Hontoon Island in Florida’s St. Johns River has yielded many American Indian artifacts, including an owl-shaped totem pole that is the only one of its kind found east of the Mississippi, thought to be 700 to 800 years old.
Victor Roepke, who owned a mile stretch of land on St. Johns, was dragging the river in 1955 when he stumbled on the totem. The 10-foot owl, carved from a single piece of southern hard pine. It once guarded the shore of the 1,600-acre island, which is now a state park. Hontoon Island has a long history of indigenous habitation going back thousands of years. Similar effigies of an otter and a pelican were also found there.
A fiberglass replica of the owl still stands on the shore of Hontoon Island where it was first discovered. (The original is kept at Fort Caroline National Memorial in Jacksonville.) According to signs at the site, the owl totem was created by Timaquan Indians. But not all researchers agree. New evidence attributes the carving to a tribe called the Mayaca, a little-known inland people who spoke a different language than the Timaquan. As Jerald Milanch, a former professor at the University of Florida, notes: “No one ever really heard of the Mayaca before the 1990s.”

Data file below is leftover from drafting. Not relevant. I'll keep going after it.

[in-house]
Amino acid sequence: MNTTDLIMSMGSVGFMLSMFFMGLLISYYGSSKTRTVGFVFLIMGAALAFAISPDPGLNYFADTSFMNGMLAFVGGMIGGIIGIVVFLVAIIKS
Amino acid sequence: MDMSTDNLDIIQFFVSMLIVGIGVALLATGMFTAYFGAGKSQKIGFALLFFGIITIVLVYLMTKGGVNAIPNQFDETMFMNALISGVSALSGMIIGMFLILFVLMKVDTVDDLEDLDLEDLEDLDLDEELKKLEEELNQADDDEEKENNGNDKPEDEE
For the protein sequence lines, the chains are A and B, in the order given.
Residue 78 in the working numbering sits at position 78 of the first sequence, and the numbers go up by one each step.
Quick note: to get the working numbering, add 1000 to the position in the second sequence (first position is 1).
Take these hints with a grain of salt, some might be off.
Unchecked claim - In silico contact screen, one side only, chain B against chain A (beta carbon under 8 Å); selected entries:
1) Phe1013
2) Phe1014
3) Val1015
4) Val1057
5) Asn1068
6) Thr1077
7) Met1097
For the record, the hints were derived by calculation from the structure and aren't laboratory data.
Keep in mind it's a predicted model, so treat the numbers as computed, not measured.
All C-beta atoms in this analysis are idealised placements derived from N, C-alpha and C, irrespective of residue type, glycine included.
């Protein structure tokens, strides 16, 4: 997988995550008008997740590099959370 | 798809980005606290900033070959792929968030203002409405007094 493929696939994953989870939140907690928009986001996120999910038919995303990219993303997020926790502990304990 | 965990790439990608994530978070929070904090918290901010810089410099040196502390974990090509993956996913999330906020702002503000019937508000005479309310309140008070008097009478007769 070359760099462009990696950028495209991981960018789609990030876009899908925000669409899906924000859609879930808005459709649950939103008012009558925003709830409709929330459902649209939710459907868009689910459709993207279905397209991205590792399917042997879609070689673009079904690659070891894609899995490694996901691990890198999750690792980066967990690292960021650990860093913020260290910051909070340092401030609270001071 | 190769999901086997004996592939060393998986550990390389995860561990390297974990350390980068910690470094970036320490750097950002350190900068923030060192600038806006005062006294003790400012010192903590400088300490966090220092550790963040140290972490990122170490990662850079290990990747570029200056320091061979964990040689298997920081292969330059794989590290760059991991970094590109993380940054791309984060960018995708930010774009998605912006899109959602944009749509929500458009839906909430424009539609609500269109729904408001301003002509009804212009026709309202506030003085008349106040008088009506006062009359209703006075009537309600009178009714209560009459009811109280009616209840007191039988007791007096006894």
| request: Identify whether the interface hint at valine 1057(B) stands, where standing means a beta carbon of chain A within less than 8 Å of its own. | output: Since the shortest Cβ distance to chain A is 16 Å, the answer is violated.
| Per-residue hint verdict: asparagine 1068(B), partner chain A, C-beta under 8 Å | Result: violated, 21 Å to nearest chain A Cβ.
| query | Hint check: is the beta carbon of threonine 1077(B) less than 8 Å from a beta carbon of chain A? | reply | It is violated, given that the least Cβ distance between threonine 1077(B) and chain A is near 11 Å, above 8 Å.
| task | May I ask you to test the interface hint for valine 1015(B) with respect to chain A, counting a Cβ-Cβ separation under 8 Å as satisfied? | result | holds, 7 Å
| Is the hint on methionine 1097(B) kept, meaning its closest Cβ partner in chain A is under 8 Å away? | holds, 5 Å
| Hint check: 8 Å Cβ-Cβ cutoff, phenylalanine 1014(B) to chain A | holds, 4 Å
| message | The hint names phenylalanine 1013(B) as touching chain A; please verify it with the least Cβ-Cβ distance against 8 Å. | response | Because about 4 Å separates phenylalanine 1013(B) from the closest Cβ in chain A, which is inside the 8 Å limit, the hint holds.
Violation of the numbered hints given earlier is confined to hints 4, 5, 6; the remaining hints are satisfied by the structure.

The owl totem’s original purpose is unknown, but there are several theories. Some plausible explanations claim it’s a clan emblem, religious object, or territorial boundary marker. The carving is quite detailed, especially considering it was carved using primitive tools of shell, shark’s teeth, and bone. It features two sets of eyes—one human and one owl—as well as five claws (owls have four) leading some to believe the owl was significant in shamanic rituals. In some Native American mythologies, the owl is seen as the messenger of the night spirit and protector of shaman priests.
The replica owl at the site now stands as a silent remembrance of the Mayacan people, and an acknowledgement of the complex civilization that existed in Florida for thousands of years before European contact.